Former Toms River Councilman Eyes Democratic Leadership

Terrance Turnbach

  TOMS RIVER – Former Councilman Terrance Turnbach announced he has filed to run for the chair of the Ocean County Democrats against long-time office holder Wyatt Earp.

  “My pledge is to rebuild and rebrand our county party as an organization we can be proud of, an organization people want to be a part of, and a party built on inclusion,” he said. “We should not have to hide our identities as Ocean County Democrats in elections with the hopes of getting elected, but we must build a brand of public service and strong work ethic that drives our neighbors and fellow residents to vote for us.”

  Turnbach won the council election in 2017, alongside two running mates. They were the first Democrats on the Toms River governing body in years. One of them wound up switching parties; another chose not to run for re-election. Turnbach didn’t win his re-election bid in 2021. He won in the first post-Trump election, when the nation was swinging blue. He lost in the first post-Biden election, when the nation was swinging red.

  This time, his running mate is Tara Kownacki. The municipal chair for the Lacey Township Democratic Organization is running for Ocean County Democratic Vice Chair.


  “There is a real opportunity here to strengthen the party and energize local Democrats,” Kownacki said. “It has become apparent that there are areas we can improve upon, such as communication and organization with our local municipalities. We need to streamline information and modernize the way we work with municipal chairs and candidates for office. Terrance and I share the same work ethic and ethos. We believe in building people up, bringing people along, and giving everything 110%.”

  Turnbach and Kownacki shared statistics that in 2021, Ocean County held 26 municipal elections, and only half of those had Democratic candidates. Currently, of the 212 elected positions across the county, 202 are held by Republicans.

  “It’s hard to win elections when we’re not running candidates,” Turnbach said. “Is our party in a better position today than we were 16 years ago? It’s time for an honest gut check.”

  They said they are working to fill committee seats “left vacant by the current leadership team.”

  When current Democratic Chair Wyatt Earp took the helm 16 years ago, Democrats held office in 11 of Ocean County’s 33 municipalities, Turnbach said. Currently, Democrats hold office in only three of the 33 municipalities.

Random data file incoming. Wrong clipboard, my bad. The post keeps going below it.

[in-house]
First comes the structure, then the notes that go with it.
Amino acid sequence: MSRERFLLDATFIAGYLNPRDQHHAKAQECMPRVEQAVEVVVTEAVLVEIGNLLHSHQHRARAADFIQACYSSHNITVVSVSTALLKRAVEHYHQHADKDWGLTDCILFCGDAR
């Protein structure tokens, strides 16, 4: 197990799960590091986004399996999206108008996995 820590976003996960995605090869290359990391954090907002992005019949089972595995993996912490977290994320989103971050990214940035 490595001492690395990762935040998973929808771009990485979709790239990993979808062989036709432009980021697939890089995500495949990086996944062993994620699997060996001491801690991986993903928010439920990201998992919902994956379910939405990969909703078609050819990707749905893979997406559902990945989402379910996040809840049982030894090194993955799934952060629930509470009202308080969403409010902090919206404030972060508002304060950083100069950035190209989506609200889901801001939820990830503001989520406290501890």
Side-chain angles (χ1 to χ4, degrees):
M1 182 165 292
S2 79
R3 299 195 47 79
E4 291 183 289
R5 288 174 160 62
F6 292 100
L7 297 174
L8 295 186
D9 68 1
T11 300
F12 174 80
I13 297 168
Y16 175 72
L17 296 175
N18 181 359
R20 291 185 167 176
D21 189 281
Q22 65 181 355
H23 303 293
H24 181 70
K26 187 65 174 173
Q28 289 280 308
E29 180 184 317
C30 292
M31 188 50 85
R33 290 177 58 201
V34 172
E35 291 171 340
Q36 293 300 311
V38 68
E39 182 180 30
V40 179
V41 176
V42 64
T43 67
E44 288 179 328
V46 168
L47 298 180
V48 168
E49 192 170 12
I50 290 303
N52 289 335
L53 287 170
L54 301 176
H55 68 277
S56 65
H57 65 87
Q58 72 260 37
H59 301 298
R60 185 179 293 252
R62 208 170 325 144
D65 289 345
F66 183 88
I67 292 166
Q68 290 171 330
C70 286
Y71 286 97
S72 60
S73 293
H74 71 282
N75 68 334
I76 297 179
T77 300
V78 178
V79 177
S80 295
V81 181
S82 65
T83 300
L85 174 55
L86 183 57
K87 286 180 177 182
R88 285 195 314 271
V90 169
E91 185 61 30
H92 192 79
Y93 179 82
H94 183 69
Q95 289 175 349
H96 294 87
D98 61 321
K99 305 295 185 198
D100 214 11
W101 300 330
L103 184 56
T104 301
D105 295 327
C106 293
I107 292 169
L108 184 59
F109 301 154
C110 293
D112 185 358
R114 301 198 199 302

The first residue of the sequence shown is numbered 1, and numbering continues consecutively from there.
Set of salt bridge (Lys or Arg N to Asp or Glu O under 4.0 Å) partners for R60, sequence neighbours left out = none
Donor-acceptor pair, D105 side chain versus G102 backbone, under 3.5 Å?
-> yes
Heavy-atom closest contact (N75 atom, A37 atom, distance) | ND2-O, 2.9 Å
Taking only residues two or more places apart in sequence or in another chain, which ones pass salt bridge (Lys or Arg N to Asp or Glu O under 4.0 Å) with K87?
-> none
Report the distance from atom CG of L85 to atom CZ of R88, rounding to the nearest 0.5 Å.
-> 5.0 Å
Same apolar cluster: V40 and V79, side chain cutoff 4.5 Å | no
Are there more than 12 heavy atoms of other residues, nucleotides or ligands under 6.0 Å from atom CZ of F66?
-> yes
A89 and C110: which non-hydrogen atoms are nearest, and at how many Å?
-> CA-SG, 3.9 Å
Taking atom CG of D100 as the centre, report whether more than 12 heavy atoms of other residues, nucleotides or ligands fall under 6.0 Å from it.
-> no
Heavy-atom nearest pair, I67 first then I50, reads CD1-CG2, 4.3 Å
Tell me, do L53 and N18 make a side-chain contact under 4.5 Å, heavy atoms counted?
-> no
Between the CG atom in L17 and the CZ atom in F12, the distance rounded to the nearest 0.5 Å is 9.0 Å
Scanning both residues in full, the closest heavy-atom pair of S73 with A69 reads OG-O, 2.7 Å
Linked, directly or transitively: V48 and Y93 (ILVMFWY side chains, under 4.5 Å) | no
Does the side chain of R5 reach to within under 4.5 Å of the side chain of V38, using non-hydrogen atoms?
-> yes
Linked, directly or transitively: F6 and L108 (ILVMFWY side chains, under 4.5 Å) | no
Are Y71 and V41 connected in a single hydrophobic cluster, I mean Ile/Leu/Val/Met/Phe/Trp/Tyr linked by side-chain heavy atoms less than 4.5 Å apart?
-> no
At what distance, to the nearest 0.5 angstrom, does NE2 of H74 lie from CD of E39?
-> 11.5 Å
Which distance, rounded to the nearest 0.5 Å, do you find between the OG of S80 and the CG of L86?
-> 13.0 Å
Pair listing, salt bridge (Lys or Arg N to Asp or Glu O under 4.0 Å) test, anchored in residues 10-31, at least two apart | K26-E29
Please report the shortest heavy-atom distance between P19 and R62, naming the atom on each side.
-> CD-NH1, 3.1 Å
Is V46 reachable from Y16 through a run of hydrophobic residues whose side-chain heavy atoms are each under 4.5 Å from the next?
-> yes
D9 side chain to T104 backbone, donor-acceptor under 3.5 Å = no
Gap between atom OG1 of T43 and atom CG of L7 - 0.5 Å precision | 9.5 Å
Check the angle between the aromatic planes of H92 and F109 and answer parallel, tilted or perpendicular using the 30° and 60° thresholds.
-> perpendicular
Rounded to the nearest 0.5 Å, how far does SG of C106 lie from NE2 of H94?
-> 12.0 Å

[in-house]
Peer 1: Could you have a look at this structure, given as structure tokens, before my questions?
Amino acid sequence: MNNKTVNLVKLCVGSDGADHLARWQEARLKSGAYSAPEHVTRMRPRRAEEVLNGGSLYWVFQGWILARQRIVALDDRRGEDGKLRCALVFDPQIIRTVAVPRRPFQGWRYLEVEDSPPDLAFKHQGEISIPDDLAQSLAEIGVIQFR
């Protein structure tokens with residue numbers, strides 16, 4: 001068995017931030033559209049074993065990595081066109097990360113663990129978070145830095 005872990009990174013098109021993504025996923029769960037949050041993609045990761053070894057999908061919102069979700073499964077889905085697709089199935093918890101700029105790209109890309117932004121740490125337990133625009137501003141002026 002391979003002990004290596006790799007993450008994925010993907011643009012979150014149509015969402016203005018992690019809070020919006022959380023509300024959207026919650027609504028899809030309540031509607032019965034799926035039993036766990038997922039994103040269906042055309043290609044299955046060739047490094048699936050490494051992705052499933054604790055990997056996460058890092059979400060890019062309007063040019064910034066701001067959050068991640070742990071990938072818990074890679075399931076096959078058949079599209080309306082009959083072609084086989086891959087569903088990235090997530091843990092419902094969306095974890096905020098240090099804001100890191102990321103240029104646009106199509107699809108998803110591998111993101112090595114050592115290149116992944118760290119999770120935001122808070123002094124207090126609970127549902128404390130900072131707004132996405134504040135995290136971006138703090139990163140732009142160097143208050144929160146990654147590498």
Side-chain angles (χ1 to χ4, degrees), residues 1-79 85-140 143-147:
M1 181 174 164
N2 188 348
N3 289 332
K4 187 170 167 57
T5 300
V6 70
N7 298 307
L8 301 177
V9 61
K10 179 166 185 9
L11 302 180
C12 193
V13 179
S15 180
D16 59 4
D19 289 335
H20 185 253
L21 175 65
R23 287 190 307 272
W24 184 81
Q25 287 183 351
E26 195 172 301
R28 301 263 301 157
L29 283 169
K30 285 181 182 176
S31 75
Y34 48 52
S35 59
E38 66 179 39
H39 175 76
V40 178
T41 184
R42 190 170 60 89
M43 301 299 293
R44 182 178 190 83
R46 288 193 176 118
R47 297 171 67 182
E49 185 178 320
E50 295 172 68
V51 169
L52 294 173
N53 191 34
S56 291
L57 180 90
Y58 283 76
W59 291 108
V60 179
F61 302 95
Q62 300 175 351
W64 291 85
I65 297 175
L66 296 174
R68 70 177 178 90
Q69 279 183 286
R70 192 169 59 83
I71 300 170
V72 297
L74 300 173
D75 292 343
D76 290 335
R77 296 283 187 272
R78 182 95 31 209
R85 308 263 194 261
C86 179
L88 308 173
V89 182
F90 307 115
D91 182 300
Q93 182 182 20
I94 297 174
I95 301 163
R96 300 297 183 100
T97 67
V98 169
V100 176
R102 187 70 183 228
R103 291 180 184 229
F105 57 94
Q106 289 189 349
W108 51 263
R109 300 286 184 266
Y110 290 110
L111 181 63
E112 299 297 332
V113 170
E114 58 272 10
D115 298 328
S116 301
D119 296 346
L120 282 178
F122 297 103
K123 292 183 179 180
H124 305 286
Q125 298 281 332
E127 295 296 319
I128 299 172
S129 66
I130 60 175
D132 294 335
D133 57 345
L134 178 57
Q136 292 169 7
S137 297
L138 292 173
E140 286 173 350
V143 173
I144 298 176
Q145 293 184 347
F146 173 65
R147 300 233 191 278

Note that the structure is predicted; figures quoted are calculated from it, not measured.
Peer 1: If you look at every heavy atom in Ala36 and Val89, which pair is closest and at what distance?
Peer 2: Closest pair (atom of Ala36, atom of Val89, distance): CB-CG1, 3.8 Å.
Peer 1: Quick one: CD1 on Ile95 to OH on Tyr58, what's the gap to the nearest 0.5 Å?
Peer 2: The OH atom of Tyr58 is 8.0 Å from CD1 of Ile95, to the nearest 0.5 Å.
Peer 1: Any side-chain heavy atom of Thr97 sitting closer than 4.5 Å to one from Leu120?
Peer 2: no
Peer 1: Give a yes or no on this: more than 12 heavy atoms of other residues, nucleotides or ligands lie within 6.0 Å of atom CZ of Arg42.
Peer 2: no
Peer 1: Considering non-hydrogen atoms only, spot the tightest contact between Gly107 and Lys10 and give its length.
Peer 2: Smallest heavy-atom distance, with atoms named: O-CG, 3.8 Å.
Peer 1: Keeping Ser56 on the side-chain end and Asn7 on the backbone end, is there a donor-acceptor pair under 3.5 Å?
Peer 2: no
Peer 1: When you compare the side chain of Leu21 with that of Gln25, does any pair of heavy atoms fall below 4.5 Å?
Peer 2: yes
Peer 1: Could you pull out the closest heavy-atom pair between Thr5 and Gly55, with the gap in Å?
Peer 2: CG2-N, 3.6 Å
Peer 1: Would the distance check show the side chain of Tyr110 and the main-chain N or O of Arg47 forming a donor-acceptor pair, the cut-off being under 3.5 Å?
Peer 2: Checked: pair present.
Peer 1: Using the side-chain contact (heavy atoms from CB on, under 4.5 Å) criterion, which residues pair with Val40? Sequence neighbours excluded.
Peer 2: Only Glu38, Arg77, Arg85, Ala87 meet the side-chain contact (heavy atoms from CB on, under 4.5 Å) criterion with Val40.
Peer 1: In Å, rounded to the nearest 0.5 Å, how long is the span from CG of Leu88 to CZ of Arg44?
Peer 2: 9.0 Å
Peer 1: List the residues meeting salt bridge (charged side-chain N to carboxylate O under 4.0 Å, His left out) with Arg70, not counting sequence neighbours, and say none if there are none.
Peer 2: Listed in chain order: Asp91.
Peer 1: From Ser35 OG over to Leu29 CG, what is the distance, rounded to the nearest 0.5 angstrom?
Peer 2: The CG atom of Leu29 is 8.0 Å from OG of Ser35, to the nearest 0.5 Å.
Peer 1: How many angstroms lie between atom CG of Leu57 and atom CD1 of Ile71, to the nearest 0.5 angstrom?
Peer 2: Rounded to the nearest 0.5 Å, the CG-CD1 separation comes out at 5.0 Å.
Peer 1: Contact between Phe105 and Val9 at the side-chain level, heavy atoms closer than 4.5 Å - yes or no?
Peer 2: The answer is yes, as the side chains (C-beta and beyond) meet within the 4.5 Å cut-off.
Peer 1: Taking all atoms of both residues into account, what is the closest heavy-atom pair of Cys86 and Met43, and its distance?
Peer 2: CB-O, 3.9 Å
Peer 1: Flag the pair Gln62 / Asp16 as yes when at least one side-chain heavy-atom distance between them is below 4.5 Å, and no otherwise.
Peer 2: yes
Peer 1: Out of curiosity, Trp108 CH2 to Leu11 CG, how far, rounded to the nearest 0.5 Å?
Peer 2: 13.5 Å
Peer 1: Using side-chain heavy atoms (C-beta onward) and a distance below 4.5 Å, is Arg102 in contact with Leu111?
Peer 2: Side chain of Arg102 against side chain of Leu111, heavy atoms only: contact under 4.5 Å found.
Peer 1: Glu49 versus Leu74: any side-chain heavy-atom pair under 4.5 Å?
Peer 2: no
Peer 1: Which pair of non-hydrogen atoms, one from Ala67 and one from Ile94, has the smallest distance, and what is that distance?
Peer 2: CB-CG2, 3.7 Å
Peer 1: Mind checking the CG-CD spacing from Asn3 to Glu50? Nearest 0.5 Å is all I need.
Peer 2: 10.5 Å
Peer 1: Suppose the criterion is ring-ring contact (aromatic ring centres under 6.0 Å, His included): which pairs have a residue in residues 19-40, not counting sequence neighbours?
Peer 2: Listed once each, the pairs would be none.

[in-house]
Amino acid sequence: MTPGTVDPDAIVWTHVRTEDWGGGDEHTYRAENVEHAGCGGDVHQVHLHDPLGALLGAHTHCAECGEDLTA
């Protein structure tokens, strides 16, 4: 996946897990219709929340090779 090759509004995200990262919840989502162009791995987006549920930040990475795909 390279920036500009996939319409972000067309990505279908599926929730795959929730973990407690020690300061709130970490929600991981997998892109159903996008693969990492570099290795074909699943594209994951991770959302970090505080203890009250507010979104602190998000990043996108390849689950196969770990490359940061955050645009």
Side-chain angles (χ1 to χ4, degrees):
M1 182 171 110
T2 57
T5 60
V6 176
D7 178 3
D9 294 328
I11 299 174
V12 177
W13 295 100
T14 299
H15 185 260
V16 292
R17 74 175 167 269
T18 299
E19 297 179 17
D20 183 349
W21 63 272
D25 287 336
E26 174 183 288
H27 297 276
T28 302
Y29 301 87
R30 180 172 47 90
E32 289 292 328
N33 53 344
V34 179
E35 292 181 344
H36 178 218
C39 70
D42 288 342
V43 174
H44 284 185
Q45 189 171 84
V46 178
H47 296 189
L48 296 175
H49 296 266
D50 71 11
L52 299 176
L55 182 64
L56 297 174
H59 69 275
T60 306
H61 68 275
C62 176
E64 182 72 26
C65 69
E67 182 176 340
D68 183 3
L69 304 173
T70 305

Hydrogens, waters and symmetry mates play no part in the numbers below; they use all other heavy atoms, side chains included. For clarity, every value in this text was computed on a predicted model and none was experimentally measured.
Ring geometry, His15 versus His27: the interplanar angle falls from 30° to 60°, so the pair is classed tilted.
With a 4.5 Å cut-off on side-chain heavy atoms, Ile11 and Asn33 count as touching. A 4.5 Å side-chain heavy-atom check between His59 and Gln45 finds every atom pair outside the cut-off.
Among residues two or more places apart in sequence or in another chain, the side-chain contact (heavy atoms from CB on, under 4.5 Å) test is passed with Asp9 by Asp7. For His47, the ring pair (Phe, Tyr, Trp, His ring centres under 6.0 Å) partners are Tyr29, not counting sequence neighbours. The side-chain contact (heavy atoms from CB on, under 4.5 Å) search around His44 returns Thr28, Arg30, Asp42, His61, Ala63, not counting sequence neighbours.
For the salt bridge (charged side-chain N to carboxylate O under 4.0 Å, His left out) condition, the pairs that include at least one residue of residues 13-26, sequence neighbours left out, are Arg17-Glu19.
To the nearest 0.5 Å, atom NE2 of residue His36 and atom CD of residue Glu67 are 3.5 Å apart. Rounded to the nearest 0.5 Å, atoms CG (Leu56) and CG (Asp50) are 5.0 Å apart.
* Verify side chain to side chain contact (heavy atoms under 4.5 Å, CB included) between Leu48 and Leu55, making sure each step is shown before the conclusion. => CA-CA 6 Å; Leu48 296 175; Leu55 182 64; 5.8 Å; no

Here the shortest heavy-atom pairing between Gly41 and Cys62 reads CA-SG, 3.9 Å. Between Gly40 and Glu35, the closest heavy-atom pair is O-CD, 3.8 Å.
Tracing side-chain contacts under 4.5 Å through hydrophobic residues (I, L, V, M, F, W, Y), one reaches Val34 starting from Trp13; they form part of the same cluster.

Earp declined to address individual attacks Turnbach made, only to explain the strides county Democrats have made in recent years.

  The county is strongly Republican, with only Brick being run by Democrats. By way of comparison, there were 68,615 votes for Gov. Phil Murphy in 2021 across the county compared to 56,582 in 2017. Mail-in voting strongly favored Democrats across the country and that was true here as well.

  “It’s a democratic process,” said the current chair, Wyatt Earp, of the election to lead the county party. “I would be hopeful that someone running for a county-wide position would be active in the county organization.

  “I wish him well and good health,” he said.

  Turnbach is an attorney at the law firm Starkey, Kelly, Kenneally, Cunningham & Turnbach and became known for public service. In addition to being on the boards of the Hope Center and Northern Ocean Habitat for Humanity, he worked with State representatives to amend the Code Blue laws; established the Toms River Education Foundation, which raised over $40,000 for students; created the Toms River Food Distribution site during COVID-19; and worked with Governor Murphy’s Office to secure $400,000 for the Toms River Field of Dreams and $7.6 million for Toms River Regional Schools as aid to address the budget cuts.

  Born and raised in Lacey Township, Kownacki moved to San Diego for college, where she met her husband. They moved back to Lacey in 2009, where they raise their four children. She became more active in politics in 2016, attending the Women’s March in Washington, D.C. and volunteering for congressional candidates, going on to become municipal chair.